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Entries in bus (4)

Friday
Nov142008

Commuting Will Be A Breeze (1957)


The October 22, 1957 Chillicothe Constitution-Tribune (Chillicothe, MO) ran this image of a flying bus of the future.

Commuting will be a breeze in the future, according to a national science magazine, which envisions tomorrow's workers traveling from home to business at 100 m.p.h. via a ducted-fan flying bus like the one above. The design, originated by Charles Zimmerman of the National Advisory Committee for Aeronautics, provides a control dome for pilot and copilot, and seats 40 passengers behind large door windows which provide an unexcelled view. Artist-author Frank Tinsley of Mechanix Illustrated magazine, depicts the craft, which will support itself on columns of air forced downward through its twin fans.


Read more:
Nuclear Rocketship (1959)
Commuter Helicopter (1947)
'Flying Saucer' Buses (1950)

 

Tuesday
May132008

More French Prints of the Year 2000 (1900)

Hunting and Destroying Microbes

The website Television History has five more French prints which imagine the year 2000. The site claims that 50 such cards, each illustrating different wonders of a hundred years hence, were produced for the 1900 Paris Exposition.

Flying Tennis

Projecting Telescope

Underwater Croquet

Flying Buses

See also:
French Prints Show Year 2000 (circa 1910)
Gardens of Glowing Electrical Flowers (1900)
Postcards Show the Year 2000 (circa 1900)
Stepped Platform Railway (1890)
Moving Sidewalk (1900)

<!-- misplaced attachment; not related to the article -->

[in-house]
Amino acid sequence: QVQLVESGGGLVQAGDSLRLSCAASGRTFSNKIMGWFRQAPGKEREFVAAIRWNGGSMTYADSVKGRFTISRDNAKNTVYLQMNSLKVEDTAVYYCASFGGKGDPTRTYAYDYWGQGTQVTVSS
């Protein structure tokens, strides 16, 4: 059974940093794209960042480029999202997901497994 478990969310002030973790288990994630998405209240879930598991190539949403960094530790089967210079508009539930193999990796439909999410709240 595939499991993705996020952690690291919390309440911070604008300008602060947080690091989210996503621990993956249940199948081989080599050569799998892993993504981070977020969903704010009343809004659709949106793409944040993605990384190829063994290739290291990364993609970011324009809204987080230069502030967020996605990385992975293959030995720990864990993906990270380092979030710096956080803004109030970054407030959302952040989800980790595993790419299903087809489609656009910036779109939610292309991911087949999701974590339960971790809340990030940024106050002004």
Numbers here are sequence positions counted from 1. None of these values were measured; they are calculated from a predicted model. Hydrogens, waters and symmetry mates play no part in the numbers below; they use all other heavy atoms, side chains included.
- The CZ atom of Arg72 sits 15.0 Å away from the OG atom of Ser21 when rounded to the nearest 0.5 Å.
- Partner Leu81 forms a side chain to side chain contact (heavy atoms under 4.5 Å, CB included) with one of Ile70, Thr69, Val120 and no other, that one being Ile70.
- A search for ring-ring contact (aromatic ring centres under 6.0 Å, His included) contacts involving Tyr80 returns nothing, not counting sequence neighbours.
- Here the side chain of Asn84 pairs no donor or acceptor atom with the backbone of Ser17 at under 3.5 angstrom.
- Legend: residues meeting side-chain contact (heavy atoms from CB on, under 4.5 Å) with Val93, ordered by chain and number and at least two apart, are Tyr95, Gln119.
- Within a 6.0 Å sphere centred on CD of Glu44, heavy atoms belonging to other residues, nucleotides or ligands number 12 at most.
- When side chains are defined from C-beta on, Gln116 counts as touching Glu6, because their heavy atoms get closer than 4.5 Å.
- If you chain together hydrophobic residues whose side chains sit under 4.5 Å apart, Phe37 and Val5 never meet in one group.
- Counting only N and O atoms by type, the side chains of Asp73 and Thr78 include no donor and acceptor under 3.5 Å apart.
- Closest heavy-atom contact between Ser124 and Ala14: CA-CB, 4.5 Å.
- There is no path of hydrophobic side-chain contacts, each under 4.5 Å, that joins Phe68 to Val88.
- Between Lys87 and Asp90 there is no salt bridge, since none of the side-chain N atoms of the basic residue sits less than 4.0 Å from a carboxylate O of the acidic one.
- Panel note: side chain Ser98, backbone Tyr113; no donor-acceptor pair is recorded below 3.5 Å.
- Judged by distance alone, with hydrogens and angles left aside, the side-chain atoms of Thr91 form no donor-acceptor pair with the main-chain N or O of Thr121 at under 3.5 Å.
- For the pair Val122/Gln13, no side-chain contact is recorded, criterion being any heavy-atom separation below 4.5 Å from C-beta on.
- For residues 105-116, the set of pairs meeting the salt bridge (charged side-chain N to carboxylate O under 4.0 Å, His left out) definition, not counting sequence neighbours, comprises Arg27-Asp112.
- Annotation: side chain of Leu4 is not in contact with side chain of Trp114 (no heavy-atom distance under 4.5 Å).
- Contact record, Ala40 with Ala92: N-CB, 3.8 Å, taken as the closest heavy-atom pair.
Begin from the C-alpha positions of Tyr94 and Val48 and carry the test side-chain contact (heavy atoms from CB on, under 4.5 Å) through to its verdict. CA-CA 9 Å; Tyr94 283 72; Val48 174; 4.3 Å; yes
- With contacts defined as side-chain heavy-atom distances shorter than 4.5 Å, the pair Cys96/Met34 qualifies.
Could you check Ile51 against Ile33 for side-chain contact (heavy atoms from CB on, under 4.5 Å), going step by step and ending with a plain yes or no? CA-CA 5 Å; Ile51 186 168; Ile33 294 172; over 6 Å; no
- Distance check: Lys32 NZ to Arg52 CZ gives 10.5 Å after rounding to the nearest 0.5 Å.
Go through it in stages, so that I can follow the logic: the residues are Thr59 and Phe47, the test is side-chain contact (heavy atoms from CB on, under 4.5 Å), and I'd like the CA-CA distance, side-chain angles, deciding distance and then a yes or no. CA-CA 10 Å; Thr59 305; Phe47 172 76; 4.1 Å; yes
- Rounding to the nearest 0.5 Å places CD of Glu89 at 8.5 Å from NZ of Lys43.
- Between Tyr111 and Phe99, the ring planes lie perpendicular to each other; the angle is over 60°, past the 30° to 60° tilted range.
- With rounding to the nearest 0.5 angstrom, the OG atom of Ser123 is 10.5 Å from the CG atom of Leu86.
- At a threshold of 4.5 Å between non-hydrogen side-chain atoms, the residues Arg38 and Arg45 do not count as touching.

Moving Sidewalk Mechanics (1900)
Going to the Opera in the Year 2000 (1882)

Monday
Jan072008

Future Buses (1939)

The September 9, 1939 Syracuse Herald Journal (Syracuse, NY) ran a short piece about the shift from railways to buses as a form of mass transit in New York City. The piece ended on an optimistic note about buses and alternative energy of the future. An excerpt appears below.

Doubtless some day the operators will have to meet the problem of increased fuel costs, for consumption of gasoline cannot go on forever at the present rate. But the day seems far distant when curtailment will be necessary - so far distant that no one save a few scientists and government conservation people are giving it any thought.

 

Even should shortage of gasoline develop, say, 50 years hence, it seems wholly probable that some new and economical means of propelling buses will have been discovered by that time.

Certain scientists are convinced that in the comparatively near future a method of transporting electrical current by wireless will be discovered which will make it possible to provide buses with power from central development stations.


See also:
Nazi Paleo-Futurism (1941)
'Flying Saucer' Buses (1950)

 

Tuesday
Feb202007

'Flying Saucer' Buses (1950)

I found the book Do You Remember Technology? at a used bookstore this weekend. It included this Science and Mechanics cover from the December, 1950 issue. Flying saucer buses? Maybe not the most practical cover for, "The Magazine That Shows You How," but certainly paleo-futuristic.